Tampa Tribune: New tree, company bring Center Place tradition to life

BY LINDA CHION KENNEY
Special Correspondent
Published: December 17, 2014

Motorists traveling Parsons Avenue from Lumsden Road to Brandon Boulevard won’t be hard-pressed to see the town Christmas tree floating in the lake outside the Sandy Rodriguez Center, home to both the Center Place Fine Arts & Civic Association and the Brandon Regional Library.

But they might be hard-pressed not to take a look twice if they’ve been a faithful follower of the tree in years past.

This year, “there’s a big change,” said Larry Cox, of the family-owned Cox Electric business in Brandon, which for more than 20 years has donated the tree, lights and labor for the project. “When you see the tree at night you’re going to see it even more, just how much of a change there is.”

That’s because the tree is newly constructed, with upgraded lights and recyclable materials that give life to the 24-foot structure, including its lighted star on top. According to Cox, credit goes to Adriano Perez, who has been working for Cox Electric for four years.

“He’s the one who said, ‘Let’s try to make this thing different, more up-to-date, a little more modernized,’ ” Cox said. “All the lights are LED. We’re catching up with the times.”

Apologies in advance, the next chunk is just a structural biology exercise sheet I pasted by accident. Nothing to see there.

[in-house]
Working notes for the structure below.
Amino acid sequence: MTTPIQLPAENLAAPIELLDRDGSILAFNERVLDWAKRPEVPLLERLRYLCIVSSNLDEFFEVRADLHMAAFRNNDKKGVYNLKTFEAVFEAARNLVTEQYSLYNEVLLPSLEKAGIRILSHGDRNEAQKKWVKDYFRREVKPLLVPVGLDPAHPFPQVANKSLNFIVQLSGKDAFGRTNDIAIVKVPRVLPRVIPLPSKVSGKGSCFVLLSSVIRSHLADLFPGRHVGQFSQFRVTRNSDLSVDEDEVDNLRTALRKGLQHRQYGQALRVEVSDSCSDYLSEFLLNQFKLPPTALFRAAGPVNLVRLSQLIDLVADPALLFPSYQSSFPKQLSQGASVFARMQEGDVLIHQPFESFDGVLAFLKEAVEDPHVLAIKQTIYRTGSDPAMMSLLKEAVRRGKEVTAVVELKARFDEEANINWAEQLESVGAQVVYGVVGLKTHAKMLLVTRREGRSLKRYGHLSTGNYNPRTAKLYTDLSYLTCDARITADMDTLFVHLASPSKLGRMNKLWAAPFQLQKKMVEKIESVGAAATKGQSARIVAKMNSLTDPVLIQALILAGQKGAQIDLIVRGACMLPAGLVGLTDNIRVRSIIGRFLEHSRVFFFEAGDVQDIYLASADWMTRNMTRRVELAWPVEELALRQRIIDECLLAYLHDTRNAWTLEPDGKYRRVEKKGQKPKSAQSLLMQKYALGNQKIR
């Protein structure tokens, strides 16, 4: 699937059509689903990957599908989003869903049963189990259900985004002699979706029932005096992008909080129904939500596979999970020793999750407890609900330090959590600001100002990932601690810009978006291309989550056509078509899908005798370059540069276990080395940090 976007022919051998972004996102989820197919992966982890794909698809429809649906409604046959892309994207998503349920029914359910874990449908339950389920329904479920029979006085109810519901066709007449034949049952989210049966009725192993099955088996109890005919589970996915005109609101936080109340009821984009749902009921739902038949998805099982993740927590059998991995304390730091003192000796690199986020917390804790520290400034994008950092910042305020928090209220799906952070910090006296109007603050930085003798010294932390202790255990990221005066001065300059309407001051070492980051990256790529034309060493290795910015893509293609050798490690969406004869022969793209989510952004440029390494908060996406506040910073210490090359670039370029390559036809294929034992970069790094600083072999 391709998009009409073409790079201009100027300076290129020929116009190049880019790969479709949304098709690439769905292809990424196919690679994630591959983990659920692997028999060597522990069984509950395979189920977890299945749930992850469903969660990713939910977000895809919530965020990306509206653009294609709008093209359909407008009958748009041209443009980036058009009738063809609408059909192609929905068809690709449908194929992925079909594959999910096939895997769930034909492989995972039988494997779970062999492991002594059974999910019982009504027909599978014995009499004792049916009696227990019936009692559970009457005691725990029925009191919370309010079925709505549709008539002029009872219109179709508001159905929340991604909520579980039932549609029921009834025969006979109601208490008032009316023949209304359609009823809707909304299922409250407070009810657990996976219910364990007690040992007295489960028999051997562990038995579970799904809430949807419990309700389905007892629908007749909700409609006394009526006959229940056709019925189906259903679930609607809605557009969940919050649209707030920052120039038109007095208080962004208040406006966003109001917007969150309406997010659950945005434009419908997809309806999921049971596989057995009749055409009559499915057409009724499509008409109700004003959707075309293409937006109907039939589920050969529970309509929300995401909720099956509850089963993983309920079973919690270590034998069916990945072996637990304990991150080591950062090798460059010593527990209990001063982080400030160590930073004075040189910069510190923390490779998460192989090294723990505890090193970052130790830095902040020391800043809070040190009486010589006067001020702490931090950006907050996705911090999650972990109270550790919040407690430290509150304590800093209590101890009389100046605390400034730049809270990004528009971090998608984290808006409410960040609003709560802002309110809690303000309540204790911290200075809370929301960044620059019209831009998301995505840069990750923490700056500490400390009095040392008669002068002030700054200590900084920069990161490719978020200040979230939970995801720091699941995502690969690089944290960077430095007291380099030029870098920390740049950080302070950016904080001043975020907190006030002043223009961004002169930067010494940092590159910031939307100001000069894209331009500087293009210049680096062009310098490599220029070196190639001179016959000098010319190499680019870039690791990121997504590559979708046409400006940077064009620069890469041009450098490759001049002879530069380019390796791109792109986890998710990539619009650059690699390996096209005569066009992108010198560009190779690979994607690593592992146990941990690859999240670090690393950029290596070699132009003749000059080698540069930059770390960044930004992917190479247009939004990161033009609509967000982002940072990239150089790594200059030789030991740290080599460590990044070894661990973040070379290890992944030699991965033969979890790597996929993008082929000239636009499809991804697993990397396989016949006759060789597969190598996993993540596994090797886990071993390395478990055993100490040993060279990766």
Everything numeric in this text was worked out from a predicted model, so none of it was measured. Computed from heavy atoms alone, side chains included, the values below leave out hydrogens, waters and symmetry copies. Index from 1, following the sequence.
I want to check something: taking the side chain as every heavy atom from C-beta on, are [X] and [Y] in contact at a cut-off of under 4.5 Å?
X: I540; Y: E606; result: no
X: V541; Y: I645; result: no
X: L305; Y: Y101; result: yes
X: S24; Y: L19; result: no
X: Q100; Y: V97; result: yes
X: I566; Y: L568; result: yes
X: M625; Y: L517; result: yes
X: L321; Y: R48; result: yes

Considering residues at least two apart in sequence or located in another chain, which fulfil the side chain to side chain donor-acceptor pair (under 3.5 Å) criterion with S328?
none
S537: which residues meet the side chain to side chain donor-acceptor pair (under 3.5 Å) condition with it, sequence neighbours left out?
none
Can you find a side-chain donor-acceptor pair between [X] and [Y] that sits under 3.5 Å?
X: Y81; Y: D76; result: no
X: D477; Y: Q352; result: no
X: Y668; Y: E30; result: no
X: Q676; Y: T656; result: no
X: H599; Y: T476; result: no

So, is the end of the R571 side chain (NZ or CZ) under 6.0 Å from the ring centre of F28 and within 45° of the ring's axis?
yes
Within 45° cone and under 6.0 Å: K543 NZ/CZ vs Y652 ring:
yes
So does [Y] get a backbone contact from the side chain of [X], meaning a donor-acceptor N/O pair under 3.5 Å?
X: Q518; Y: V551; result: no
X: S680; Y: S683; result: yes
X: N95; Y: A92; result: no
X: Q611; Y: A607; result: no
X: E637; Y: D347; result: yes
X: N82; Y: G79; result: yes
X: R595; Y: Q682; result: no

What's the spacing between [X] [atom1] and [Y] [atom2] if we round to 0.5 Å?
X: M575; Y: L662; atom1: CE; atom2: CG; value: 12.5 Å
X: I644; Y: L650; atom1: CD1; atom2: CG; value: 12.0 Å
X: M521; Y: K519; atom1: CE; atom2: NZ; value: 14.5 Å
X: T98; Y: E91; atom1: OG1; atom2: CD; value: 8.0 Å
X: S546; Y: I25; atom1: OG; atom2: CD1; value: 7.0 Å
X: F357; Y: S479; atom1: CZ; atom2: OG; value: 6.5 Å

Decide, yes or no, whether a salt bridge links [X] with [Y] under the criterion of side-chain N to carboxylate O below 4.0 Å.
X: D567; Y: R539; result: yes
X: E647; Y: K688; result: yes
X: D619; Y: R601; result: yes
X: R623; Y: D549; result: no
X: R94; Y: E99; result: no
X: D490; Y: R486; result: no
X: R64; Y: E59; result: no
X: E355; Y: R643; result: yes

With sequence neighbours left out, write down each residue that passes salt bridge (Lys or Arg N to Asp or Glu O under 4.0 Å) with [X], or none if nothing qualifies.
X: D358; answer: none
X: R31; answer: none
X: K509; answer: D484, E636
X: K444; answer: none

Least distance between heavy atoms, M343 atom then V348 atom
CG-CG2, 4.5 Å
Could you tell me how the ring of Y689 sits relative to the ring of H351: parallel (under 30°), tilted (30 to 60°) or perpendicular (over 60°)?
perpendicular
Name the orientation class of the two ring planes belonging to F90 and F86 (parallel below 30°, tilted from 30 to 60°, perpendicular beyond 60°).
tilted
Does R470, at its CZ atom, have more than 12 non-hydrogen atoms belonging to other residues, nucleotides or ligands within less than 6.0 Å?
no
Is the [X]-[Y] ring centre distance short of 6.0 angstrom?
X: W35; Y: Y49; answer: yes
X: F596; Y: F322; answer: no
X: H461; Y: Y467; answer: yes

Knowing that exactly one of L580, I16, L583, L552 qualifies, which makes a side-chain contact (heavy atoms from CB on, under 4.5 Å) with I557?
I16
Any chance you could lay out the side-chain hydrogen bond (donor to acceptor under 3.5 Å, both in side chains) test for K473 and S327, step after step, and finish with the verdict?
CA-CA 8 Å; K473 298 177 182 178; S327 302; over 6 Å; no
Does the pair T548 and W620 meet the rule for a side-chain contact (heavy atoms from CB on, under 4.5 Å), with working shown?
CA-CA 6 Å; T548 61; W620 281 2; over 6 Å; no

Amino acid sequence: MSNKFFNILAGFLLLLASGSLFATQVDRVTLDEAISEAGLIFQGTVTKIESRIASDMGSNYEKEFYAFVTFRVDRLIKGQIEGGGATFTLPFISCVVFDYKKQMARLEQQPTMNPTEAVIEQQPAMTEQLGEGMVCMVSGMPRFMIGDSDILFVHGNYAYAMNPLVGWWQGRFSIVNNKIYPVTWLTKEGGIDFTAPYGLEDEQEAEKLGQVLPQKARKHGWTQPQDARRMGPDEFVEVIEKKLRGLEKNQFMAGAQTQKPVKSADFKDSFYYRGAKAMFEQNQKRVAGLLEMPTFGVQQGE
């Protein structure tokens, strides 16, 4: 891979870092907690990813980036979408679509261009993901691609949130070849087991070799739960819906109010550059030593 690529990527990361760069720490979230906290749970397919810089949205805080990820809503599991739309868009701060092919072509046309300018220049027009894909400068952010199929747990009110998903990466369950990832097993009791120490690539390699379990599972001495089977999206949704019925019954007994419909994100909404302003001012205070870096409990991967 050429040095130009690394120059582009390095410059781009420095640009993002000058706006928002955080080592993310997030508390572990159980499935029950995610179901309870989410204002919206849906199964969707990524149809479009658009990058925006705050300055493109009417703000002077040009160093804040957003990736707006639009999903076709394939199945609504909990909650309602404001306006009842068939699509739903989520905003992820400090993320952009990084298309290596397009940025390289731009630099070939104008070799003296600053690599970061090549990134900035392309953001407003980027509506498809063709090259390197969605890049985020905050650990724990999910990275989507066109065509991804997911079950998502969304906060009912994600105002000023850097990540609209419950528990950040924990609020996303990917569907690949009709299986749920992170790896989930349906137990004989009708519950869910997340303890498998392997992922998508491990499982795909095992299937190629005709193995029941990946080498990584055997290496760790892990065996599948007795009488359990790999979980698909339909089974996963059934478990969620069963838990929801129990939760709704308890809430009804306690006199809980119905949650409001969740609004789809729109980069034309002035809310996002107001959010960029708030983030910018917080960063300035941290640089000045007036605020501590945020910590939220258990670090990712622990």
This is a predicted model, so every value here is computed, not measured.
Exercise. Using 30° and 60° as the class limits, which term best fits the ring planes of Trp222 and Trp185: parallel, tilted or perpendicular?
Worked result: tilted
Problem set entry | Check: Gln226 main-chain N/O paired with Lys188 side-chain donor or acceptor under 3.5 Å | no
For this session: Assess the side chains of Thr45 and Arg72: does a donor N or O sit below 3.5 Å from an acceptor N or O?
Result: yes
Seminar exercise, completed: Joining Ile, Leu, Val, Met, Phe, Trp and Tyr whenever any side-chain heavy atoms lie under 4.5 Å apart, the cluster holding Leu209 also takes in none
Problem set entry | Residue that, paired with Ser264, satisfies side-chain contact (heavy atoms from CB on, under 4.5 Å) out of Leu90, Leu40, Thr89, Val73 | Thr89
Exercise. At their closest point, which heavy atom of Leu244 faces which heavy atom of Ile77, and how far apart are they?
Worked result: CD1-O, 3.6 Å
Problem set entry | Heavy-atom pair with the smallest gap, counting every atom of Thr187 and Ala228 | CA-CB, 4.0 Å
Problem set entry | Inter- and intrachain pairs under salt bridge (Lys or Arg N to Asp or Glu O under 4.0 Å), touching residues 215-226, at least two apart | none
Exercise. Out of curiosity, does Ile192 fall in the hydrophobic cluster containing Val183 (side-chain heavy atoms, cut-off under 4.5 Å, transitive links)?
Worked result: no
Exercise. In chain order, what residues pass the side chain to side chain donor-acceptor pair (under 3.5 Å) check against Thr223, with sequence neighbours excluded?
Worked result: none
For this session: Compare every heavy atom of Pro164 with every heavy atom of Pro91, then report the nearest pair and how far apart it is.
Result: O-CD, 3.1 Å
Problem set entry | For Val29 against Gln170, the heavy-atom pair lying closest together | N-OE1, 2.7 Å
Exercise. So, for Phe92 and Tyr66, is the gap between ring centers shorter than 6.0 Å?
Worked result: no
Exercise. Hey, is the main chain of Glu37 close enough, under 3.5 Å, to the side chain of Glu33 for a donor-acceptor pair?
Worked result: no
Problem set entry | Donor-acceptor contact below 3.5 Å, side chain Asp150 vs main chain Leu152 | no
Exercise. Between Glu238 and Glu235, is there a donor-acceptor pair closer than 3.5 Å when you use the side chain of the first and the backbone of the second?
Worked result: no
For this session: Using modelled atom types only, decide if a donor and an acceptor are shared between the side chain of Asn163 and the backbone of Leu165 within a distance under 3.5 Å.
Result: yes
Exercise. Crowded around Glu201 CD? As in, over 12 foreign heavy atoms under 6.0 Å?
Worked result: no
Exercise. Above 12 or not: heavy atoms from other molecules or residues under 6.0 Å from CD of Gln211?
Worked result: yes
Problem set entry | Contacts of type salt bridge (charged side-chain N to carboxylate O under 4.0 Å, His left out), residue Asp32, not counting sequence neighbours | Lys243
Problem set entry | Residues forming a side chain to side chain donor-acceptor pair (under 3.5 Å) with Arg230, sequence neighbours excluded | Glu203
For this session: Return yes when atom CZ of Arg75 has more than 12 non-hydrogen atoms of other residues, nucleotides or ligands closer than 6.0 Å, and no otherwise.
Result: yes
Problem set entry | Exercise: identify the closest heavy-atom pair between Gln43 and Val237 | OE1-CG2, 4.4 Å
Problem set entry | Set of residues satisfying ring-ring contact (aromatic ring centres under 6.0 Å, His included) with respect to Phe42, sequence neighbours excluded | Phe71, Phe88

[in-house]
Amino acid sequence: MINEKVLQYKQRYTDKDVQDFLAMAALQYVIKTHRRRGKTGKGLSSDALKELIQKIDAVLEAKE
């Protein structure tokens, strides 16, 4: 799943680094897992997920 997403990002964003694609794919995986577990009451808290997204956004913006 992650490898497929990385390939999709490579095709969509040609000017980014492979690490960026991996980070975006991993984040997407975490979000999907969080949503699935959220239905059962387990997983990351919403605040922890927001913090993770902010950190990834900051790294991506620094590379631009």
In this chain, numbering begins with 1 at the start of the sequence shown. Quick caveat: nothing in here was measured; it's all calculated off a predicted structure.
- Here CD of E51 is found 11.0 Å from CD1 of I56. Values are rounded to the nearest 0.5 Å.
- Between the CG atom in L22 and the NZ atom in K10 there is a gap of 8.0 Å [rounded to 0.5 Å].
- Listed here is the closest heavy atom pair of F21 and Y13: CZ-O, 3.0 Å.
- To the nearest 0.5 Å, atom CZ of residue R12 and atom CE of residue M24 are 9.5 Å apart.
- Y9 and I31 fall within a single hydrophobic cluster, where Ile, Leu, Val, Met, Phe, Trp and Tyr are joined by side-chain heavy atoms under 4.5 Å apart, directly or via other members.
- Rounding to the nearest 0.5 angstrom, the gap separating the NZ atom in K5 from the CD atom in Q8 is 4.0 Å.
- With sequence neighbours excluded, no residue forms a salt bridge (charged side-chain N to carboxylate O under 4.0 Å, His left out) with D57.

For his part, Perez said he was happy to work for a company that gives back to the community in such a grand way.

“I used to work in Times Square in New York City, dropping the (New Year’s Eve) ball and all that,” Perez said. “This is a really nice thing that they do for the community.”

Lisa Rodriguez, for whose husband the center is named, is a long-time Center Place supporter and now serves as its marketing director.

“It’s a community service project for Cox Electric, a donation to Center Place,” Rodriguez said about the town Christmas tree. “They’re family owned and operated and I think the world of them. We’re lucky to have them in our community.”

The decision for his family and its business to donate the tree and tend to its setup and electrical needs was, essentially, a no-brainer to Cox.

“The reason I got involved in it originally is because my children were going to Center Place for art lessons and Center Place, what it does, is a good thing for the community,” Cox said. “This is some way we can support them.”

Click to view original article in Tampa Tribune/Brandon News